The importance of building relationships and making long-term commitments is something that everyone has underscored. It is true everywhere but it is certainly true in a country like China. Businesses need to spend time and need help. When it comes to small businesses, which were referred to by a number of noble Lords, it is important for the British Government to ensure that the role of UK Trade and Investment, working in partnership with the China-Britain Business Council, is as effective as possible in supporting those who make that journey by de-risking the decision for them and helping them to attend trade fairs. I am pleased to report that we have increased the number of resources we have on the ground in China, not merely in Beijing but around the country. We have increased the amount of money available for attendance at trade fairs and, by the way, we have increased the number of trade advisers in this country.
In respect of finance, we have substantially revamped UK Export Finance; it is not now the case that as few companies have been able to access UKEF as the noble Lord, Lord Stevenson, referred to. Indeed, its business is growing rapidly and I have asked it to triple its book over the next two or three years. I am afraid that I shall not be in office to see this happen but will be cheering from the sidelines. UKEF is now on the way and the momentum is clearly there. It now has more than £1 billion of support for small businesses, compared with almost nothing three years ago. So the direction of travel is there. We need to keep at this. It is a long journey, and we need to keep investing. I have mentioned UKTI and UK Export Finance.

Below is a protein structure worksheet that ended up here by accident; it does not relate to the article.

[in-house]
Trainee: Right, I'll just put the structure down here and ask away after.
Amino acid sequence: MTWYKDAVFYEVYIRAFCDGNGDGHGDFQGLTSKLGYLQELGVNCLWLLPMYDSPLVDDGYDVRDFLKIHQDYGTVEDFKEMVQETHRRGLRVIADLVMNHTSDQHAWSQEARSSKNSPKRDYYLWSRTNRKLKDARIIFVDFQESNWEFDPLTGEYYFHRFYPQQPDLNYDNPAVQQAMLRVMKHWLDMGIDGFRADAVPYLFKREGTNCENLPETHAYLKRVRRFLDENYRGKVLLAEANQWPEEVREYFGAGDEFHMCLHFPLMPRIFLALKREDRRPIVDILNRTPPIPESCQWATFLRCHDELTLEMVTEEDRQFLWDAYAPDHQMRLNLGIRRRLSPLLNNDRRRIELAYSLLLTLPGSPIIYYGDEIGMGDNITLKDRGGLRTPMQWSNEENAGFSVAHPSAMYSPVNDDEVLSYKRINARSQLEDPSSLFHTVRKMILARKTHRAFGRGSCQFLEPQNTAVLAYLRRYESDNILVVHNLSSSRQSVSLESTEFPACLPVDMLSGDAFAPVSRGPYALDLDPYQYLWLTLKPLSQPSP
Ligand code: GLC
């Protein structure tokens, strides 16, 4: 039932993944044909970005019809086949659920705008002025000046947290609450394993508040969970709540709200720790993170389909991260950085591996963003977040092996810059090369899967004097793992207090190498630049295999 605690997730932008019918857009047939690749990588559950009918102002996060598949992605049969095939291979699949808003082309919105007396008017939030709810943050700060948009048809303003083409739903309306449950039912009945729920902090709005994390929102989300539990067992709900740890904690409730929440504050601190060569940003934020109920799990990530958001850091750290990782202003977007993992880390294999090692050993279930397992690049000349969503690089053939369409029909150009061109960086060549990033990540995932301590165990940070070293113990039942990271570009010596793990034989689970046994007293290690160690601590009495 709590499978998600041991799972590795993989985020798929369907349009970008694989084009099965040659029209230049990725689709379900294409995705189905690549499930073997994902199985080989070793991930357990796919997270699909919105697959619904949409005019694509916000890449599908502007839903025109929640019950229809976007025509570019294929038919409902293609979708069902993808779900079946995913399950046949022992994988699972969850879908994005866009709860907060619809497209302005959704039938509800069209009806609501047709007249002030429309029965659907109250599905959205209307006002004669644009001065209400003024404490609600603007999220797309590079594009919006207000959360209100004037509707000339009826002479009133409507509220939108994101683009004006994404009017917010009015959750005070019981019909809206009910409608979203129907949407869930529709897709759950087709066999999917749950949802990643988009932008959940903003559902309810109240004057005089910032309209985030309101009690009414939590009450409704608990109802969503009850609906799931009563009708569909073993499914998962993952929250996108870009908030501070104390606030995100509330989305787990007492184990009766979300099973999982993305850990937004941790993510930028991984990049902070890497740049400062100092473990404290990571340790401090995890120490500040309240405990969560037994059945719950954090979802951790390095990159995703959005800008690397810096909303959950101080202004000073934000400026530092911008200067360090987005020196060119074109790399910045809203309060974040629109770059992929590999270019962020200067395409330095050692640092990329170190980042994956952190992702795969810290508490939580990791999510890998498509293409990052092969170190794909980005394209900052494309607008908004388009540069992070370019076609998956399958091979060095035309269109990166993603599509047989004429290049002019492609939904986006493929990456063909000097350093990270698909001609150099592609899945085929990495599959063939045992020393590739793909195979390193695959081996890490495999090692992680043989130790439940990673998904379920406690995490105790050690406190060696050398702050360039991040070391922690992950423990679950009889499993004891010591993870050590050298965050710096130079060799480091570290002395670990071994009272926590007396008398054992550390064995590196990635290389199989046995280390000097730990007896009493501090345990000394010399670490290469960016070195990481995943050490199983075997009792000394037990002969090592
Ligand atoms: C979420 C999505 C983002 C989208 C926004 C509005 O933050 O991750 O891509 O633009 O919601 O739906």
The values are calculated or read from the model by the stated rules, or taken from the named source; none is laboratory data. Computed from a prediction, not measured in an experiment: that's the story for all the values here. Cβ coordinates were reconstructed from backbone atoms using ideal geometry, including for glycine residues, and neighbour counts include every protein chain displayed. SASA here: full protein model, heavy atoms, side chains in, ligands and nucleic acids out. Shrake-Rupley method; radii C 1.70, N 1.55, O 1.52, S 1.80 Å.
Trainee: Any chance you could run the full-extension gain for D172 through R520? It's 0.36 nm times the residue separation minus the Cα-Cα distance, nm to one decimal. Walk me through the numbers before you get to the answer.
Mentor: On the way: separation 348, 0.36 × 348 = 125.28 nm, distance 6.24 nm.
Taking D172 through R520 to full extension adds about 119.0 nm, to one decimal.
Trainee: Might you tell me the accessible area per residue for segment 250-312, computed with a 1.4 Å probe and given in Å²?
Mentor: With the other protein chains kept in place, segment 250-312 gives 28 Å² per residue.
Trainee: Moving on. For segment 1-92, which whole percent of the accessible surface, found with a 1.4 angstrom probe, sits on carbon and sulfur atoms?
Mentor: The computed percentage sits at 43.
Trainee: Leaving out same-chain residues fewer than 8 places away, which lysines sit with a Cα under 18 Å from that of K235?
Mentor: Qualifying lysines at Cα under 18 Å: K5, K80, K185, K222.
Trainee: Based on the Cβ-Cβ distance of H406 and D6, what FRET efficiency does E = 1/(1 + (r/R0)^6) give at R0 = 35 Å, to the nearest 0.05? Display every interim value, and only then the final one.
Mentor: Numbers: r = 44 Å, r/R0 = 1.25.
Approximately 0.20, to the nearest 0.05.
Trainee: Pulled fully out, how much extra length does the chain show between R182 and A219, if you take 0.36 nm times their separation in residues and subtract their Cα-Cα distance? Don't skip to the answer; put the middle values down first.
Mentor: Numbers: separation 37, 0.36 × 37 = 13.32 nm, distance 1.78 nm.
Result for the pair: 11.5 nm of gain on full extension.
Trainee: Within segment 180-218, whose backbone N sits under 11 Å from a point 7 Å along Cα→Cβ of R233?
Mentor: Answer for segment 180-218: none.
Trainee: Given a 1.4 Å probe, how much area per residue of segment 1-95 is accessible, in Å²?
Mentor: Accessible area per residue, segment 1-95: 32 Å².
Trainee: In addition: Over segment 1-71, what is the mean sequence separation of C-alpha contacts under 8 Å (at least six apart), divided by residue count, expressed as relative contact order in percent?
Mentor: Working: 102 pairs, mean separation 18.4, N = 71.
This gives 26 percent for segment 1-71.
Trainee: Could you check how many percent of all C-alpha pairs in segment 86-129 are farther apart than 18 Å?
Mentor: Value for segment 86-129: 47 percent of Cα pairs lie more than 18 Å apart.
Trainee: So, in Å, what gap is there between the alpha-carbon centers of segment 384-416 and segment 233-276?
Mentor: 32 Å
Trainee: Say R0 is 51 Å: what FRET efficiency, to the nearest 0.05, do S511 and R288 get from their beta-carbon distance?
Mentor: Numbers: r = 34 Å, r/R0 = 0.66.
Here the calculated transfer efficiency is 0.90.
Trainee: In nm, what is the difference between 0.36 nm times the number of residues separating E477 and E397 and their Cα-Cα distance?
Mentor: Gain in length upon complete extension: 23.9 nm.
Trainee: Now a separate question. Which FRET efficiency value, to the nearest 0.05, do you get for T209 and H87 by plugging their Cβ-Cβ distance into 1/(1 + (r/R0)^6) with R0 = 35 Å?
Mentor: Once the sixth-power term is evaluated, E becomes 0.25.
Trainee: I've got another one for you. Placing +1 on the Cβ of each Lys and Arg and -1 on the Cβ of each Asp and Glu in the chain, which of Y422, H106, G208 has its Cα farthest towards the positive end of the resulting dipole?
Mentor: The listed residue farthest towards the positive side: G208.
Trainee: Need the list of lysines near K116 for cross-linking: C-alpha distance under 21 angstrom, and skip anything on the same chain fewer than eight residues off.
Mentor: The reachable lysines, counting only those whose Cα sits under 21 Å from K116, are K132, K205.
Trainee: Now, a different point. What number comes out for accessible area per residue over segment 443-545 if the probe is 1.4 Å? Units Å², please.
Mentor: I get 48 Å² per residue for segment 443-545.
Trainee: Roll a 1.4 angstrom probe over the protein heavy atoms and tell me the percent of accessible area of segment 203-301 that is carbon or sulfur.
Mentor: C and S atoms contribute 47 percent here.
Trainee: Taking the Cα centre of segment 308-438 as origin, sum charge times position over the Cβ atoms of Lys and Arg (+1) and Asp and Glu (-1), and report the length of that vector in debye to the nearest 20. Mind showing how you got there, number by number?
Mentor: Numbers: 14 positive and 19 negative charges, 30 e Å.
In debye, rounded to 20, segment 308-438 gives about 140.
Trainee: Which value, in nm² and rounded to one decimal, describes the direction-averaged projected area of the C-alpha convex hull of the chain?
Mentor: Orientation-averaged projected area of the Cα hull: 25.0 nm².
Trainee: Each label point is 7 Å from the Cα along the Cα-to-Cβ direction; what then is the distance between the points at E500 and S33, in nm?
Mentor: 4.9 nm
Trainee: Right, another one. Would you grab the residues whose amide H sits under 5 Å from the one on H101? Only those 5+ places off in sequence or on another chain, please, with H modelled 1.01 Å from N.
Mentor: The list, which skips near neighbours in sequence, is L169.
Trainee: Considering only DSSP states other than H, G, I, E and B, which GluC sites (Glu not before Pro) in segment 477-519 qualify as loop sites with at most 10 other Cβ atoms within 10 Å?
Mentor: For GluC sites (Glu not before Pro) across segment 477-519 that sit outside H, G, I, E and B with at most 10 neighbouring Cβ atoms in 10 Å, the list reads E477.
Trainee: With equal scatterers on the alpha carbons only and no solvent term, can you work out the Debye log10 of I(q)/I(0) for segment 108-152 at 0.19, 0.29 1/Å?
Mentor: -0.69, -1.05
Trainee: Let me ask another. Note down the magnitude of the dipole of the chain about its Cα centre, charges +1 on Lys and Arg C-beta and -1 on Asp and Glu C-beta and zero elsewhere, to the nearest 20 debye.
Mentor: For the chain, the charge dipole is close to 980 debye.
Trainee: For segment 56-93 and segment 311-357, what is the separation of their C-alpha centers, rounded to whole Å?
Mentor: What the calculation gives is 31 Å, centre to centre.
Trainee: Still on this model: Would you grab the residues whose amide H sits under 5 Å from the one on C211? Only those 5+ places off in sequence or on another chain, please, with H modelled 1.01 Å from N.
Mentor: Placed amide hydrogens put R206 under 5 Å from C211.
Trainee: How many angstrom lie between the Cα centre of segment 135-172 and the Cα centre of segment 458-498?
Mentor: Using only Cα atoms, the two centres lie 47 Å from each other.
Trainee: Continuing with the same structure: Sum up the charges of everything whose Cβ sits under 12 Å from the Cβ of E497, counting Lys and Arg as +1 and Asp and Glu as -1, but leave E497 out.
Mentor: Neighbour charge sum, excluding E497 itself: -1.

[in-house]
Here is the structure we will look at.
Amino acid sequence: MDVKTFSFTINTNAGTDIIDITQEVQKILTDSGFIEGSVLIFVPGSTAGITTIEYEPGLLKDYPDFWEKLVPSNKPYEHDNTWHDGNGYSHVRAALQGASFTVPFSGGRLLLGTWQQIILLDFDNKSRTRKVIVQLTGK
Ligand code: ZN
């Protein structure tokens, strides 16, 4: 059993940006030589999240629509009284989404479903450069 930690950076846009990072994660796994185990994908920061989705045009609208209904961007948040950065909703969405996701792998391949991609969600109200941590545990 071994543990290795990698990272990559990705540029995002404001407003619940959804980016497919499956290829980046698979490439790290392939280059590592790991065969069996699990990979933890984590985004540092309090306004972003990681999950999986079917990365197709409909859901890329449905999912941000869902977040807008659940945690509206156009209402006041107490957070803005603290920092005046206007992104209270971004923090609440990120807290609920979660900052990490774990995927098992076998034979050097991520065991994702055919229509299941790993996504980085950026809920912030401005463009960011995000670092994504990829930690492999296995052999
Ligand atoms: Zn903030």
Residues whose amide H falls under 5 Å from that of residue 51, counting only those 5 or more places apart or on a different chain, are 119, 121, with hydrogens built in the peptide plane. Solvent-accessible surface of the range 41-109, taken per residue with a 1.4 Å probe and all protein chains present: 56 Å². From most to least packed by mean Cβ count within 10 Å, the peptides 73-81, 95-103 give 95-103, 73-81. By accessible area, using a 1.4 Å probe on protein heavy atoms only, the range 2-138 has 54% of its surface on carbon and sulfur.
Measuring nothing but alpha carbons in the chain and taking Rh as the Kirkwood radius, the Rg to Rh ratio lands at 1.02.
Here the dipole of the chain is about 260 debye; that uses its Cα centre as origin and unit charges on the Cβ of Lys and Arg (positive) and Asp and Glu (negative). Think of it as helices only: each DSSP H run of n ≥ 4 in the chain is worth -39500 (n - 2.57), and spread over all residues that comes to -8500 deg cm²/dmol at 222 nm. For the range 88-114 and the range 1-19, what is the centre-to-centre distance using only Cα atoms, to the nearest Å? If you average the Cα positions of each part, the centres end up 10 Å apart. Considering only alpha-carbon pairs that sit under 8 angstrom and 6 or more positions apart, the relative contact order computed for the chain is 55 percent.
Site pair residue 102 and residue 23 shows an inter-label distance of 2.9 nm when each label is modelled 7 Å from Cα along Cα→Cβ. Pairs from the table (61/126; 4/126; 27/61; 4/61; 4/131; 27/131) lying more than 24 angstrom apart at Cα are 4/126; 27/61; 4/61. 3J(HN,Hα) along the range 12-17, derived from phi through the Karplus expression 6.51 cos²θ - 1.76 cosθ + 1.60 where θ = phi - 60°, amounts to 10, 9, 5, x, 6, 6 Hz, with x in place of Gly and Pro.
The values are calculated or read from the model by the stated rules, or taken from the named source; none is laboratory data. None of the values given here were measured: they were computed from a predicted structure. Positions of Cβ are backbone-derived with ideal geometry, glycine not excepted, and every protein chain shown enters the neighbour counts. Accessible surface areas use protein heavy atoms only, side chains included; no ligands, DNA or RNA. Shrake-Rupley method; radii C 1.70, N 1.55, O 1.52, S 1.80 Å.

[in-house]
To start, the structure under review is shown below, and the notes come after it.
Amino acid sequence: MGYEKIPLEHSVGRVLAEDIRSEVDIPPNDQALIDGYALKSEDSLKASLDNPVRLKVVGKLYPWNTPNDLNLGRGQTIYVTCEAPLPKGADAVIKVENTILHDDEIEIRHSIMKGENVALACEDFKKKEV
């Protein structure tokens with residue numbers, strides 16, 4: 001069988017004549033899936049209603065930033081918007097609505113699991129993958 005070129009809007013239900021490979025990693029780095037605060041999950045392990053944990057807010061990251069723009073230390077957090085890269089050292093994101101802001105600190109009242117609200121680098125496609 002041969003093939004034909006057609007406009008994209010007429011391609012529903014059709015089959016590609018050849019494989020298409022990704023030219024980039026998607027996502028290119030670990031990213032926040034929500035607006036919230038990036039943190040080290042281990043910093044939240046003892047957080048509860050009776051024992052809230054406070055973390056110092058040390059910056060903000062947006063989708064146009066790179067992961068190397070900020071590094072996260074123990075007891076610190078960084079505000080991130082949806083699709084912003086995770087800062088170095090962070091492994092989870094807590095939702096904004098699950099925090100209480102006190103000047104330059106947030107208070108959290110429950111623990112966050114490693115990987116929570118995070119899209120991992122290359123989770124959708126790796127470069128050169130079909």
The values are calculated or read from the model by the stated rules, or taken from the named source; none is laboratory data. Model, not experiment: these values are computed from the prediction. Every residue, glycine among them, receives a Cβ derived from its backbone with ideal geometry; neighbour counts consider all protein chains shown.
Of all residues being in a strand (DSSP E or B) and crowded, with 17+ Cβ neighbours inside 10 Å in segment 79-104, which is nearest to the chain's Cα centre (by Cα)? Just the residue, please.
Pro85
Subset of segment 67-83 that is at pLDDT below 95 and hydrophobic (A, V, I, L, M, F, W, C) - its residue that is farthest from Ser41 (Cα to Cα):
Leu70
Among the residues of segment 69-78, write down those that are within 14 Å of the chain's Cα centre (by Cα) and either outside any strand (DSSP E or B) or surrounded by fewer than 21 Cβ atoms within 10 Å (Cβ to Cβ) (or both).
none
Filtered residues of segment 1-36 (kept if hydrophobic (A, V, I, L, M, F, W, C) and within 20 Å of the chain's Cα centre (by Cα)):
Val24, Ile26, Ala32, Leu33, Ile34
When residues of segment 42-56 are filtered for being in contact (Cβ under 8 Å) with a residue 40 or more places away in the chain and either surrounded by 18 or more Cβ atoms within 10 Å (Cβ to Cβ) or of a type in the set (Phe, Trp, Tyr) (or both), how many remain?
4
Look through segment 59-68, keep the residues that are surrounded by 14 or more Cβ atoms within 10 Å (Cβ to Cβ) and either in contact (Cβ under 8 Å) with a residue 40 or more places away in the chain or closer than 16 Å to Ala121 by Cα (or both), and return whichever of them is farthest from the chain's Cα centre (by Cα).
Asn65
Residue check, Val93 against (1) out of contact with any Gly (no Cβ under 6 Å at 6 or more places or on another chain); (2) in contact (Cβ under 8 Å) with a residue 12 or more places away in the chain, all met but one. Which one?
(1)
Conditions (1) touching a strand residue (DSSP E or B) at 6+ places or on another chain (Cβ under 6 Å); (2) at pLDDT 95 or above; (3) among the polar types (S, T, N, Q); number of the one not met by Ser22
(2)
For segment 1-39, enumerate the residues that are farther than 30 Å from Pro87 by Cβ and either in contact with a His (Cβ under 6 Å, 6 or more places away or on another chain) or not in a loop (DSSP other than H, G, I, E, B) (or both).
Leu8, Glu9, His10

In response to the noble Lord, Lord Wilson, I should like also to refer to the capabilities in the Foreign Office. We have 60 new staff working across the network in China, a third of them focused on less well known provinces and second-tier cities. I was recently in Wuhan, a city that we the British have neglected; the French are the dominant foreign presence there and we need to put that right. What is true of Wuhan will, frankly, be true of dozens of other cities. We have a long way to go. We have been investing in language training in the Foreign Office. I have some numbers somewhere that I cannot find, so I will write to the noble Lord, Lord Wilson, with the details. We have substantially increased the amount of Mandarin training in the Foreign Office because we fully endorse the notion that its officials are at their most effective if they can speak the language.